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Suppose $X$ is Banach and $T\in B(X)$ (i.e. $T$ is a linear and continuous map and $T:X \to X$). Also, suppose $\exists c > 0$, s.t. $\|Tx\| \ge c\|x\|, \forall x\in X$. Prove $T$ is a compact operator if and only if $X$ is finite dimensional.

"$X$ is finite dimensional $\implies$ $T$ is compact" is easy to show. To prove the other side, at first, I made a mistake, thinking $X$ is reflexive. Then this work can be easily done by the fact that any sequence of a reflexive linear space has a weakly convergent subsequence and $T$ is completely continuous (since $T$ is compact). But this is not the situation.

So how to prove "$T$ is compact $\implies X$ is finite dimensional"?

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Here is an idea: let $T(X) \ni y_n=T(x_n)\to y\in \overline{T(X)}$. Then, since $\|Tx_n\| \ge c\|x_n\|,\ x_n\to x\in X$ and continuity of $T$ implies that $y_n=T(x_n)\to T(x)$ and so $y=T(x)$. Therefore, $T$ has closed range.

$T(B_X)$ contains a ball in the Banach space $T(X)$, by the open mapping theorem, and since $\overline {T(B_X)}$ is compact, $T(X)$ is locally compact, hence finite dimensional. But $T$ is injective, so $X$ must be finite dimensional ,too.

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Hint: if not, the image of the unit ball of $X$ contains a ball in an infinite-dimensional space.

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Suppose that $X$ is infinite-dimensional. Then its unit ball is not compact, so there exists a sequence $\{x_n\}$ in the unit ball that admits no convergent subsequence; by replacing with a subsequence if necessary, we may assume that there exists $\delta>0$ with $\|x_n-x_m\|\geq\delta$ for all $n\neq m$. Now $$ \|Tx_n-Tx_m\|=\|T(x_n-x_m)\|\geq c\|x_n-x_m\|\geq c\delta>0, $$ so $\{Tx_n\}$ does not admit a convergent subsequence.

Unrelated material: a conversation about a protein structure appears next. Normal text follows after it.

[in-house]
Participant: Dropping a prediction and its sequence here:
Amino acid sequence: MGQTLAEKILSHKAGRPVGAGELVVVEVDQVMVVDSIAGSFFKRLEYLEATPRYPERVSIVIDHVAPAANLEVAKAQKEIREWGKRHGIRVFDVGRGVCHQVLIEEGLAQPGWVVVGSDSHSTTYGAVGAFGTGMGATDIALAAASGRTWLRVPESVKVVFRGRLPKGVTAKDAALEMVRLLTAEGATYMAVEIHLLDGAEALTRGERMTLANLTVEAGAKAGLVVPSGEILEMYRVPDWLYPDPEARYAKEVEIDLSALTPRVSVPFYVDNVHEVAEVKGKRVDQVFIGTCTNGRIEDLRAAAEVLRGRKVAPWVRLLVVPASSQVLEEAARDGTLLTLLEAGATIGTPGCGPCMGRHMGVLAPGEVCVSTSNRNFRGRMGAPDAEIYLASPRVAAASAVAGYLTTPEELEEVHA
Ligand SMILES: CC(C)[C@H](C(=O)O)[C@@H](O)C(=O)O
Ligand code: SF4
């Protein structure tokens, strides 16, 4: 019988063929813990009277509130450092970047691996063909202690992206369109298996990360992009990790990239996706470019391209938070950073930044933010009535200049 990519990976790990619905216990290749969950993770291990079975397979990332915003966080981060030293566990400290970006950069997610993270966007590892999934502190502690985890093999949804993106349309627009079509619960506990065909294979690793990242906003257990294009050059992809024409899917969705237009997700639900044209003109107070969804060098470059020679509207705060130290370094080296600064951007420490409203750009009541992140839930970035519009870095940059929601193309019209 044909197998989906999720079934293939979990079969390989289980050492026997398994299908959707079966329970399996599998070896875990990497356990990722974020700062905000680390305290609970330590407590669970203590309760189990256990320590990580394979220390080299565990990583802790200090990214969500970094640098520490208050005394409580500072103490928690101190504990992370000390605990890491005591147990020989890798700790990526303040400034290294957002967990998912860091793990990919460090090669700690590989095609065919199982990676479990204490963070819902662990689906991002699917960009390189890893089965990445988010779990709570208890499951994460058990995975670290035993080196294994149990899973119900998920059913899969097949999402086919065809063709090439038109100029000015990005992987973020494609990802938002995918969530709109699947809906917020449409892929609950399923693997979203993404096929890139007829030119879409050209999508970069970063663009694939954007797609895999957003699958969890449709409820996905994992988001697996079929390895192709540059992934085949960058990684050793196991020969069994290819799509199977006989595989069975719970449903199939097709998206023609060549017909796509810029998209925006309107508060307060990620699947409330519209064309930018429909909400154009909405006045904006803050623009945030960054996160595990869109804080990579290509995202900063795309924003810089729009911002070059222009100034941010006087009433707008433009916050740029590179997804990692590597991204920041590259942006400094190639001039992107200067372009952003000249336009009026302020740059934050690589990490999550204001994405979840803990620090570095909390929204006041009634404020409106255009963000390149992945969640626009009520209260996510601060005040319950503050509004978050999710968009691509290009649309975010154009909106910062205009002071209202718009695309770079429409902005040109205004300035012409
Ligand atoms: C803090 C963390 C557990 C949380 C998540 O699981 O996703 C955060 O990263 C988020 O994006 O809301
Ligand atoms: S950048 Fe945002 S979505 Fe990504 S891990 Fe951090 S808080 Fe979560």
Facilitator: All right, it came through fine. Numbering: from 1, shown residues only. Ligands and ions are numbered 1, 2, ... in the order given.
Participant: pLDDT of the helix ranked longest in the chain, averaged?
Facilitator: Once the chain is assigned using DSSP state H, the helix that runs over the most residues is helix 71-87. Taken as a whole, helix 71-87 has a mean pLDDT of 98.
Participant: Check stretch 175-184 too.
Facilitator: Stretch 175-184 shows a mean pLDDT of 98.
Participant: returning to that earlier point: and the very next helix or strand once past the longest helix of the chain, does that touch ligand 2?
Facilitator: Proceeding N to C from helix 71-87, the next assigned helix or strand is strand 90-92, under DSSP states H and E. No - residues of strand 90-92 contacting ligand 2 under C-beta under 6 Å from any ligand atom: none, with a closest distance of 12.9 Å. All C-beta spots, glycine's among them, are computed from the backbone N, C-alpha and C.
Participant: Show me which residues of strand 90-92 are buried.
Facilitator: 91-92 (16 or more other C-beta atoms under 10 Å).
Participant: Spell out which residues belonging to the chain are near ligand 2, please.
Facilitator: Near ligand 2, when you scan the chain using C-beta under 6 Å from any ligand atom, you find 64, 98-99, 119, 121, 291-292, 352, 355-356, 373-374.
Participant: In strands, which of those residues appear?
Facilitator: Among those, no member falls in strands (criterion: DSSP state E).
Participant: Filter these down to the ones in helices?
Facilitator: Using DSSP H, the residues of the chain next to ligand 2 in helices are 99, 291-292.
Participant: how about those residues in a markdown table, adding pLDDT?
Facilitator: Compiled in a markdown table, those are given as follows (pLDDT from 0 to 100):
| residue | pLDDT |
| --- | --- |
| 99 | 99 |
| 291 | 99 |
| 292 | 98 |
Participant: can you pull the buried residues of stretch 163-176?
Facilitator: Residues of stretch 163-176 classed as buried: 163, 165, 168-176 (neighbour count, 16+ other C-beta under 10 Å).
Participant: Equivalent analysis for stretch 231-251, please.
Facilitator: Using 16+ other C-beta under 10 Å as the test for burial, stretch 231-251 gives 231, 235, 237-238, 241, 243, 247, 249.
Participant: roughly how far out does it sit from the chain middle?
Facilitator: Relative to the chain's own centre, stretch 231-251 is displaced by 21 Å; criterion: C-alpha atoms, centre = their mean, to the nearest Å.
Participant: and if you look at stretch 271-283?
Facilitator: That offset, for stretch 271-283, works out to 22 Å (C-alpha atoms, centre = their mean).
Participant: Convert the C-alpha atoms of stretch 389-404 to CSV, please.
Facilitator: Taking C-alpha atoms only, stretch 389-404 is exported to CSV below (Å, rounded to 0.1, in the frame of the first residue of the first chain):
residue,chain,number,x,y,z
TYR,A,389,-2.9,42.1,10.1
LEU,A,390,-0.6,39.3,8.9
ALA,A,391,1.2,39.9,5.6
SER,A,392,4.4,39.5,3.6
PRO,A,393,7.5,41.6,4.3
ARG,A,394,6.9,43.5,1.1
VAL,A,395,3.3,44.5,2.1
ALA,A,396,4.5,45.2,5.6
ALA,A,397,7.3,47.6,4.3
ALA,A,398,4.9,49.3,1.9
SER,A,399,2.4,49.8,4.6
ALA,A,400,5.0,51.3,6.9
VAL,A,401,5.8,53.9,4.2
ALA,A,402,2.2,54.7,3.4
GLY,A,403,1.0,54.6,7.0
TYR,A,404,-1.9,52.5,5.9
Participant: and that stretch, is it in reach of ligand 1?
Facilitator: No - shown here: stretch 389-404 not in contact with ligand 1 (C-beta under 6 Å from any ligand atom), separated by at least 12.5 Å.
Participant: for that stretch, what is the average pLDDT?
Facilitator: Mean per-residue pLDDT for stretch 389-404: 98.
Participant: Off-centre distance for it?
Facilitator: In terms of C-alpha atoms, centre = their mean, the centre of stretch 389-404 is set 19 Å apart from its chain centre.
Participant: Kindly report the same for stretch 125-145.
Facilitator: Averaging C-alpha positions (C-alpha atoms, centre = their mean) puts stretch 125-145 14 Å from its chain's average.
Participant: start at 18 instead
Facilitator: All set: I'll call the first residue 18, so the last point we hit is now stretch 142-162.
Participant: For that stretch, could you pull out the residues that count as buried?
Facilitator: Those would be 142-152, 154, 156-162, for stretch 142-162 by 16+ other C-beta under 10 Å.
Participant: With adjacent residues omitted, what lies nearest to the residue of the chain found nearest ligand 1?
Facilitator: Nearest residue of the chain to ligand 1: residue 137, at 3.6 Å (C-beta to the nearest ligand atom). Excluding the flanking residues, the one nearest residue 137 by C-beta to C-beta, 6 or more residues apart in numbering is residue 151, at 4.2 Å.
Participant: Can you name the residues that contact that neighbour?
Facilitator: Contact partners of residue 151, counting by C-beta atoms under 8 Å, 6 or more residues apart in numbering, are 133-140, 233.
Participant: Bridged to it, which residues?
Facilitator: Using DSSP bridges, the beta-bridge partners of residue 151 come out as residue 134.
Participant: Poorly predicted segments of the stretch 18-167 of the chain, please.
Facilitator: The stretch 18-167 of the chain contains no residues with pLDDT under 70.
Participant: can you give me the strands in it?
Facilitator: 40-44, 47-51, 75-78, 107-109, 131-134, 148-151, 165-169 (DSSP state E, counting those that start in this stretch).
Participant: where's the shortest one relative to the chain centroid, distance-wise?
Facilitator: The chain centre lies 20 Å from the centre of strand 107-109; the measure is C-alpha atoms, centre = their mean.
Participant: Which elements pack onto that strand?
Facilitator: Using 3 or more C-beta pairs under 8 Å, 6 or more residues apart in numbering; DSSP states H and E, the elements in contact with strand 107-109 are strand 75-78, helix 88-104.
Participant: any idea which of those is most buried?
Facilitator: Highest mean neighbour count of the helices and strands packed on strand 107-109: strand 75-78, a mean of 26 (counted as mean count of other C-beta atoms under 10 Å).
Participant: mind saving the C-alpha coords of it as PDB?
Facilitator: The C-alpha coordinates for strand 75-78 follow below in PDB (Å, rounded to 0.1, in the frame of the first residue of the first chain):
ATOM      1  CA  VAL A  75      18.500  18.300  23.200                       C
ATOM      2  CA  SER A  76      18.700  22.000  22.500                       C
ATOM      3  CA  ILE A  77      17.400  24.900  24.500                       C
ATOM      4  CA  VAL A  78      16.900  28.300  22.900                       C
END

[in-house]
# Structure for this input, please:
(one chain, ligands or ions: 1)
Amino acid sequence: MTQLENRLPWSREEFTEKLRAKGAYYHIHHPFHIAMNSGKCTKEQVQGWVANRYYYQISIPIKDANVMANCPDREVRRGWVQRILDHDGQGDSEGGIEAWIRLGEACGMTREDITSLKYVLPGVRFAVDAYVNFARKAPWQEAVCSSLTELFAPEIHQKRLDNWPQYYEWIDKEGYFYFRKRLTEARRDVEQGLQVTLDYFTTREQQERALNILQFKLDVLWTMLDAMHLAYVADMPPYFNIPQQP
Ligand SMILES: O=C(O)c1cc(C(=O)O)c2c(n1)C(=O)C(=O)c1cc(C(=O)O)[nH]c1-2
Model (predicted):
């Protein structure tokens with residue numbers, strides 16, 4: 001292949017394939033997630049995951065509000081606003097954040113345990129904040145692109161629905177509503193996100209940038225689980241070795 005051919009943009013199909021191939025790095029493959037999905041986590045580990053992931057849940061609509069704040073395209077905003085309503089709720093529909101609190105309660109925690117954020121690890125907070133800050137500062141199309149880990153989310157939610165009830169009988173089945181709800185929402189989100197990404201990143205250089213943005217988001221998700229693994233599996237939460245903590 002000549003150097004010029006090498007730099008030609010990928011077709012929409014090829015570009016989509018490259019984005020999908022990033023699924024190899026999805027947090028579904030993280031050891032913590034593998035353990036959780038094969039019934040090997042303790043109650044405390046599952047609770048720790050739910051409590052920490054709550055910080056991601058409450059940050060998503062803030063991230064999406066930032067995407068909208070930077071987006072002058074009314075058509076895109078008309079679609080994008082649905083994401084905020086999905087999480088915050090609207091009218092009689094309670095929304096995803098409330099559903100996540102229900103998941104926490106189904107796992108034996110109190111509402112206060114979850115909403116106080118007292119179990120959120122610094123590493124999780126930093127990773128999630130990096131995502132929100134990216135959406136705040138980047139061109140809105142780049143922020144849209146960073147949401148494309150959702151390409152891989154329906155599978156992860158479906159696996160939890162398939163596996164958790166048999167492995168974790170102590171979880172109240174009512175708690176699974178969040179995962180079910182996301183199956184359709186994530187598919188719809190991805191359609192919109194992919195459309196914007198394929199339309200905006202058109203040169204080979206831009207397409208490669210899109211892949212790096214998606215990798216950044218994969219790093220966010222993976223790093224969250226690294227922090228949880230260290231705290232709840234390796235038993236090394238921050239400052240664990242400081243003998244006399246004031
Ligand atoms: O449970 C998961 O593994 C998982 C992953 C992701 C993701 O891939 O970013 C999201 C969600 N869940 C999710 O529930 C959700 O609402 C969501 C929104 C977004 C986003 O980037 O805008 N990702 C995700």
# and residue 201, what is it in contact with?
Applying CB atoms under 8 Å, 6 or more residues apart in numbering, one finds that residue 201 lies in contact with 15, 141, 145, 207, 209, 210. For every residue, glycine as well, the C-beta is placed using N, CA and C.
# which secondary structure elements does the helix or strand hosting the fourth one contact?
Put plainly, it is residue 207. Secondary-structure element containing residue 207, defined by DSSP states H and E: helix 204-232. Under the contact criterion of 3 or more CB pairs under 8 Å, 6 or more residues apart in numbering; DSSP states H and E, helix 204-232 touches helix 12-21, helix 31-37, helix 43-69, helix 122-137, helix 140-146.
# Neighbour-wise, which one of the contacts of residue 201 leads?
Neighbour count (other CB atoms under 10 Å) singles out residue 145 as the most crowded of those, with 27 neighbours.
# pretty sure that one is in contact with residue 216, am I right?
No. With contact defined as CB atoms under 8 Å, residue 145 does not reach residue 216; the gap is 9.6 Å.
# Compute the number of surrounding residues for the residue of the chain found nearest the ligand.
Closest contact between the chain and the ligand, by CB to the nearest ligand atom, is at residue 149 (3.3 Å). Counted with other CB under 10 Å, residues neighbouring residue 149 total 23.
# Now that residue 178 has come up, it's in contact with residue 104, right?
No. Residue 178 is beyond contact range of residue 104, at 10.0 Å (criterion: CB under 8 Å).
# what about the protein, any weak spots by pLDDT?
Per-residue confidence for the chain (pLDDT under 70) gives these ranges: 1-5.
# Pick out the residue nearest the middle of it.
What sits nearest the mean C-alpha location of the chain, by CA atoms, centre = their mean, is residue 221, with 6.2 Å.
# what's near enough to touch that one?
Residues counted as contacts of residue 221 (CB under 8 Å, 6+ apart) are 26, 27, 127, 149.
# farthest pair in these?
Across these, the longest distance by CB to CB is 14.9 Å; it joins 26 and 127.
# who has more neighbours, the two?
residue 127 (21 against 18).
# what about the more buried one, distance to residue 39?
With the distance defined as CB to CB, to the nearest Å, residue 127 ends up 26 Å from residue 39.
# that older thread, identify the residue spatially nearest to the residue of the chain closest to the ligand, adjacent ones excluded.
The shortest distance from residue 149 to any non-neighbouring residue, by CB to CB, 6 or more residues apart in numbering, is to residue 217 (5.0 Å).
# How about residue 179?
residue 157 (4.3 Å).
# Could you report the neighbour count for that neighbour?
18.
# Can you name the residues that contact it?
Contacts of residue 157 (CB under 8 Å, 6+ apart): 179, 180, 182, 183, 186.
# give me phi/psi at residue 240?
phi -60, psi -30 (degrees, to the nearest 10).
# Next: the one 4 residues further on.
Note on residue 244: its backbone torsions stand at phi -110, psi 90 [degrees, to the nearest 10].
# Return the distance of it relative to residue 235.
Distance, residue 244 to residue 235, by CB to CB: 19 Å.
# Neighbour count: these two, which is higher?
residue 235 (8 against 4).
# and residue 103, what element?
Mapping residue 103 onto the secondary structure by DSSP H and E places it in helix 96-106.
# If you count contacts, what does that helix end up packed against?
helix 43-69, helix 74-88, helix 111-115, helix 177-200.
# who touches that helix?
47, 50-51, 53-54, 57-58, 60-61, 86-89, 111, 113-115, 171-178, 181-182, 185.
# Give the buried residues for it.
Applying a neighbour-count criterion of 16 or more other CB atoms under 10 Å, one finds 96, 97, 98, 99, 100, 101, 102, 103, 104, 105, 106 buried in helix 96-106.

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  • $\begingroup$ That's not true. For example, the sequence $1,1,2,2,3,3,\ldots$ admits no convergent subsequence, but there is no such $\delta$. $\endgroup$ – Robert Israel May 19 at 3:52
  • $\begingroup$ The key word is "unit ball" here. I'll clarify, since it was not obvious. $\endgroup$ – Martin Argerami May 19 at 3:54
  • $\begingroup$ That doesn't help. In the unit ball of a Hilbert space with orthonormal basis $u_n$, the sequence $u_1, u_1, u_2, u_2, u_3, u_3, \ldots$ admits no convergent subsequence, but there is no such $\delta$. $\endgroup$ – Robert Israel May 19 at 16:05
  • $\begingroup$ What is true is that in the unit ball of an infinite-dimensional normed space there is a sequence $x_n$ such that $\|x_n - x_m\| \ge \delta$ for all $n \ne m$ (and you can take any $\delta$ with $0 < \delta < 1$). But it's not just any sequence that admits no convergent subsequence. $\endgroup$ – Robert Israel May 19 at 16:15
  • $\begingroup$ Yes, good point. I have edited the answer. $\endgroup$ – Martin Argerami May 19 at 17:23

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